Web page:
'Next Bill Gates may come from India'
A US survey finds that most Americans believe that the next Bill Gates may come from India, China or Japan.india Updated: Dec 21, 2006 12:40 IST
Nearly two-thirds of Americans believe that the "next Bill Gates" will come from China, Japan or India, while only one in five believe that he could be a compatriot, says a new poll.
Practically half of all Americans (49 per cent) believe that the next great technology leader will come from either China or Japan, a poll by Zogby International and 463 Communications found.
Twenty-one per cent believe that he will come from the United States while 13 per cent believe he or she will come from India, according to the Zogby/463 Internet Attitudes poll released on Wednesday.
It is based on a nationwide telephone survey of 1,203 adults conducted during December 5-8.
"The next Bill Gates has already been born, and time will tell what country is providing the environment of innovation, entrepreneurism and opportunity to enable him or her to flourish with the next great idea," said 463 partner Tom Galvin.
The Internet Attitudes poll tested Americans views on their perceptions of Internet. Among the findings are:
• Kids are more Internet-savvy than Congressmen: An overwhelming majority - 83 per cent - believes that a typical 12-year-old knows more about the Internet than their member of Congress. Republicans (85 per cent) and Democrats (86 per cent) agreed with each other.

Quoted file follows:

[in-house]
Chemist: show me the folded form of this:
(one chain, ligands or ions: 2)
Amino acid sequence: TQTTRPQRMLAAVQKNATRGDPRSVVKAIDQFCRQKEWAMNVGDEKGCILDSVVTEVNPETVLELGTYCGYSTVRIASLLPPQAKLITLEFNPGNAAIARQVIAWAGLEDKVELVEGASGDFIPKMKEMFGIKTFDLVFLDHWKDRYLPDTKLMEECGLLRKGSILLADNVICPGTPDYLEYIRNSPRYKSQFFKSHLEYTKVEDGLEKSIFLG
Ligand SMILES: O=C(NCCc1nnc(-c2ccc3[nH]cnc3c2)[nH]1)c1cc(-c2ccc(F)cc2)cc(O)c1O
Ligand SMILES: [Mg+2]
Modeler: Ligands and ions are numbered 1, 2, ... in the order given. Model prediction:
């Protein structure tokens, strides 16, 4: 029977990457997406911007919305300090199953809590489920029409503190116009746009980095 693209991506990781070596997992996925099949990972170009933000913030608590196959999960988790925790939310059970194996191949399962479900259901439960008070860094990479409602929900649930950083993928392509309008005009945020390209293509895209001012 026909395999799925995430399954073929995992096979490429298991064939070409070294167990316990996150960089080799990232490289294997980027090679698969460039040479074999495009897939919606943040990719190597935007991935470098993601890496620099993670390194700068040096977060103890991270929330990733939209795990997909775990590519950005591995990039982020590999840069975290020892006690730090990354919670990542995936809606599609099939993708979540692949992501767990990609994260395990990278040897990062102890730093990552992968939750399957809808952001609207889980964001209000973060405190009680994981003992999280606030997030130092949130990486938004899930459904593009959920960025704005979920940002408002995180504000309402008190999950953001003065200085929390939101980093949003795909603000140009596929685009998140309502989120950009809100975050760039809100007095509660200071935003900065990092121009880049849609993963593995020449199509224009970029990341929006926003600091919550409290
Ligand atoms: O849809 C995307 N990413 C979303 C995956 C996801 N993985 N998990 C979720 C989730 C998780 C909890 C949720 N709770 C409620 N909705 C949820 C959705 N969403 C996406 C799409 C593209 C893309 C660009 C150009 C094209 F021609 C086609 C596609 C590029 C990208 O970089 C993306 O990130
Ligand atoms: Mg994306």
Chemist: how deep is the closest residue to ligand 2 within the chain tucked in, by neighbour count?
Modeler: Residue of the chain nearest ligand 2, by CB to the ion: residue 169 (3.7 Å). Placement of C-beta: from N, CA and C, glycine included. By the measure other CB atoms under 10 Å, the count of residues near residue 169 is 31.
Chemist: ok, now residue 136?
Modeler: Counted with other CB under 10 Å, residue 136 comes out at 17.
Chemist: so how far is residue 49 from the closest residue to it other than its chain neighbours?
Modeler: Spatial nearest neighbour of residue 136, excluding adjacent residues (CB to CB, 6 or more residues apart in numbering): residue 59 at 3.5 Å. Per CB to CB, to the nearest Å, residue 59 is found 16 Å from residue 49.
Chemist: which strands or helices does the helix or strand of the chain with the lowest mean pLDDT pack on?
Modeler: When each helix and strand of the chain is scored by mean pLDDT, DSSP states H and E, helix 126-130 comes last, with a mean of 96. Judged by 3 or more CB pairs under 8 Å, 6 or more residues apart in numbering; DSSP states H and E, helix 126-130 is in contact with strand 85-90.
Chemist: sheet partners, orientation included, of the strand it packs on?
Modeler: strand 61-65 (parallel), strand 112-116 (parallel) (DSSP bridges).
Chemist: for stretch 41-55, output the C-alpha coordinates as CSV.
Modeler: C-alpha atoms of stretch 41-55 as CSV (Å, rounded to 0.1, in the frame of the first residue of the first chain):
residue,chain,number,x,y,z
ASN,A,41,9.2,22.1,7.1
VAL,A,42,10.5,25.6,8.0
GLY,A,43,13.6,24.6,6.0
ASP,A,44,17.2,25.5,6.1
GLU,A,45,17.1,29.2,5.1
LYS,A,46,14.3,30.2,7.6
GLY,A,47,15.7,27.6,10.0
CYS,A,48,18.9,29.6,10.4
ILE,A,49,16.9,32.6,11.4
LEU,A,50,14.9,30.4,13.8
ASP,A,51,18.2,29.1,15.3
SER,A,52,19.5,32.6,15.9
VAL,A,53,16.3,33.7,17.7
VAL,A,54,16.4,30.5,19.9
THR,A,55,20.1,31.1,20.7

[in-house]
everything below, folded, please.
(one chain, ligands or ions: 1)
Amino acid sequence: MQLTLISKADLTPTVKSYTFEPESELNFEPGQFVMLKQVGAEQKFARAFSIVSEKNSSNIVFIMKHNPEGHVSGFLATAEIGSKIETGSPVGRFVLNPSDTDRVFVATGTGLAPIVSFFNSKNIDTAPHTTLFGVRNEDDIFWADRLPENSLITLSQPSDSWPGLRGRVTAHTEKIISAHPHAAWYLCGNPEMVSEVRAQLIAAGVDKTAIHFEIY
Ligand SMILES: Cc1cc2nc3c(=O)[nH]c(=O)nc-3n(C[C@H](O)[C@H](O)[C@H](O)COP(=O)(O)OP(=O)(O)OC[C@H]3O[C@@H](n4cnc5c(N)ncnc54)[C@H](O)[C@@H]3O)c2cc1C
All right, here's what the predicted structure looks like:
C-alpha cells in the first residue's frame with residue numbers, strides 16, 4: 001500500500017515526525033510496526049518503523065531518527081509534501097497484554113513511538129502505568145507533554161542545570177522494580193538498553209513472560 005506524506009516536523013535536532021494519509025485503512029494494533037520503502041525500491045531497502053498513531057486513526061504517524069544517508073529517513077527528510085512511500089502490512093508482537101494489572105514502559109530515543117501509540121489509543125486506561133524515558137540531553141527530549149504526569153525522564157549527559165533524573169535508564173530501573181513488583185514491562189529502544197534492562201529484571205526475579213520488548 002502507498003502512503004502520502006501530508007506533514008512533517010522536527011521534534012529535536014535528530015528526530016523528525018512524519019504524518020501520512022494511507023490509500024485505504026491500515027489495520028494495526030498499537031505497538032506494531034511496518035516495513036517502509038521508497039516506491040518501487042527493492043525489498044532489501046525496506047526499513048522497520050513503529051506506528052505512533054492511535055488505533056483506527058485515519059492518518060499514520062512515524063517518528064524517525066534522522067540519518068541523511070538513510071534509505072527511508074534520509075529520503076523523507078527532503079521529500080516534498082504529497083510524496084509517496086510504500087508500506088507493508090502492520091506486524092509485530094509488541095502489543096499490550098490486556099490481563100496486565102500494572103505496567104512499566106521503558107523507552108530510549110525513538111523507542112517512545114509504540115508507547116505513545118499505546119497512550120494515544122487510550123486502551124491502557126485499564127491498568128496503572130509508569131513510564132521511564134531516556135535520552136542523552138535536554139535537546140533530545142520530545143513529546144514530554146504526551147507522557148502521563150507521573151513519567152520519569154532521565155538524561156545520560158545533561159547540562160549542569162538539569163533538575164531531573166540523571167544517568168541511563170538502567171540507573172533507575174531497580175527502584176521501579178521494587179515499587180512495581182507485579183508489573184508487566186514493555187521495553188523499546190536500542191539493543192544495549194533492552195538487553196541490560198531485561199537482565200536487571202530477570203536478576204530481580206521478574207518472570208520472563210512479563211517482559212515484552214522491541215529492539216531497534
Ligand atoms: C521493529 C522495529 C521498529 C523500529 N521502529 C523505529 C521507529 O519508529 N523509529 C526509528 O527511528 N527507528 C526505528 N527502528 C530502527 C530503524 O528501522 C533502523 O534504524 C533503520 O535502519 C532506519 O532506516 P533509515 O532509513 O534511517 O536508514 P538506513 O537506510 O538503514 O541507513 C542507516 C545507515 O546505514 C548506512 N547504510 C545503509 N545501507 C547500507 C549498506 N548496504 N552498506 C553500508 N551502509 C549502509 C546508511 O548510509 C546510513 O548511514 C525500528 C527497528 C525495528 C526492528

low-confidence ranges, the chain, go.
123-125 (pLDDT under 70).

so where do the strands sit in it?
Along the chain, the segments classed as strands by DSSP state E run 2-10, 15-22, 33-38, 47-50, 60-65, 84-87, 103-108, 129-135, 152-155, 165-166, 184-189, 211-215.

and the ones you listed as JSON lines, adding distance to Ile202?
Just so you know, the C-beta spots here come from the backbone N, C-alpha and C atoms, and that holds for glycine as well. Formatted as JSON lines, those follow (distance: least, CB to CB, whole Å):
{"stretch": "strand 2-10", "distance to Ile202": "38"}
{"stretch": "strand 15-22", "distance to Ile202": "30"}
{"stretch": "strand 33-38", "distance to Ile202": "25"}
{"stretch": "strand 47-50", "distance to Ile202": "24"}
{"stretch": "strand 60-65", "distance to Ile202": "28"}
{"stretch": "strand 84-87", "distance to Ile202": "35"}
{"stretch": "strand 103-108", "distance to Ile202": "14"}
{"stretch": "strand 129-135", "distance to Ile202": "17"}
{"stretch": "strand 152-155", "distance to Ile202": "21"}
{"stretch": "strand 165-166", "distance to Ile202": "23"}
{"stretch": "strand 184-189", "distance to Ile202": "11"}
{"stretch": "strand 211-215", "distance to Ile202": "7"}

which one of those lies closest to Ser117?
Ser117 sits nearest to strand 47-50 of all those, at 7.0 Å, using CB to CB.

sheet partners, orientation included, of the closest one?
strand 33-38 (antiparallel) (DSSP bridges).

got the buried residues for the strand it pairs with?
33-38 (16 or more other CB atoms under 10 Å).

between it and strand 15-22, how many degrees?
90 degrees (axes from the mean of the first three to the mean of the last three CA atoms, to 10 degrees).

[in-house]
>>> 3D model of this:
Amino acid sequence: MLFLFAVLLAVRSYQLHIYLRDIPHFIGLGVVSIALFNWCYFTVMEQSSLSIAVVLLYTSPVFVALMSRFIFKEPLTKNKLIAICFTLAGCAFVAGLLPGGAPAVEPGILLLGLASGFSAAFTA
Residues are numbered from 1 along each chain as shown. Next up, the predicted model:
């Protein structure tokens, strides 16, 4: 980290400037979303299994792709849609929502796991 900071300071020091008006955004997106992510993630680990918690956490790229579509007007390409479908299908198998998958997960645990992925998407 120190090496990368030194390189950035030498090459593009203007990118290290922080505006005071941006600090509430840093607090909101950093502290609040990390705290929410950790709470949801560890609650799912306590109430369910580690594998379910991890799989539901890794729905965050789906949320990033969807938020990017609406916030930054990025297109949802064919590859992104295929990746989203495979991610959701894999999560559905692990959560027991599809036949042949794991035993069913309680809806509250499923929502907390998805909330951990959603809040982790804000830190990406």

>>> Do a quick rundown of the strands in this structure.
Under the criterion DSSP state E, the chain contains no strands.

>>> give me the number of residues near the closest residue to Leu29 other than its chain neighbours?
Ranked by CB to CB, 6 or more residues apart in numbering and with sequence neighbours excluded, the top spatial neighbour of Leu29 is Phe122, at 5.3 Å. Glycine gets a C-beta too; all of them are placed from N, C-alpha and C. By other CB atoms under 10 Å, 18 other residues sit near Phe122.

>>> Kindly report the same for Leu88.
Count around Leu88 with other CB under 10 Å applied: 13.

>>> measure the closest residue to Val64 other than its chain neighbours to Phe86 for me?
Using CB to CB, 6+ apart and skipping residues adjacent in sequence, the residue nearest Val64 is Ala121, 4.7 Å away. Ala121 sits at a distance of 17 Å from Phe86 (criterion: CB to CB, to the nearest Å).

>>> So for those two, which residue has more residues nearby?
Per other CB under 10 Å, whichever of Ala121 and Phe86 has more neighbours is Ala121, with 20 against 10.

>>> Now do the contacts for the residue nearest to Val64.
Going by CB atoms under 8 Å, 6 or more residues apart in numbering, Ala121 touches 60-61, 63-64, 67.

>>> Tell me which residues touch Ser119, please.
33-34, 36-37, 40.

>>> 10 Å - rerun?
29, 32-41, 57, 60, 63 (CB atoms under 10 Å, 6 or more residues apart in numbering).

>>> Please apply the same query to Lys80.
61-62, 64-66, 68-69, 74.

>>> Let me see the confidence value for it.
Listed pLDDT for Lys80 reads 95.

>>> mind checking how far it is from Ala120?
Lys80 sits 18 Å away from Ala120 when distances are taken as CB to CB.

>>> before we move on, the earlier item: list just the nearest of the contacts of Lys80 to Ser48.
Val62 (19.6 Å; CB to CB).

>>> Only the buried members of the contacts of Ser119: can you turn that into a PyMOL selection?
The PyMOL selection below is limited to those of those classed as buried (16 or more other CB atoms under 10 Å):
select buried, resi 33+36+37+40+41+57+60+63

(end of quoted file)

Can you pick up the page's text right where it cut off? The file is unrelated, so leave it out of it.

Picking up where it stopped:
• Internet vs the printing press: While the Web is roughly 550 years younger than the printing press, one-third (32 per cent) of all Americans believe that the Internet is a greater invention.
• Sixty-five per cent said Johannes Gutenberg's printing press that merely nabbed him the title "Man of the Millennium" by Time magazine is a greater invention.
• Interestingly, while whites favoured the printing press over the Internet by 69 to 27 per cent, only 57 per cent of African Americans favoured the printing press and 41 per cent chose the Internet.
• Moreover, Hispanic Americans actually favoured the Internet 51 to 47 per cent and Asian-Americans surveyed also chose the Internet by 85 to 12 per cent.
• Car more important than email: While many may think the Internet is a historic invention, it still trails badly behind in what they depend upon for their work.
When asked "What would make it harder for you to work - your car not starting, or losing Internet and email access?", 78 per cent gave the nod to the car while only 10 per cent said the Internet.
Of those surveyed making more than $1,00,00 a year, 31 per cent chose the loss of Internet access, while only six per cent of those making less than $35,000 did.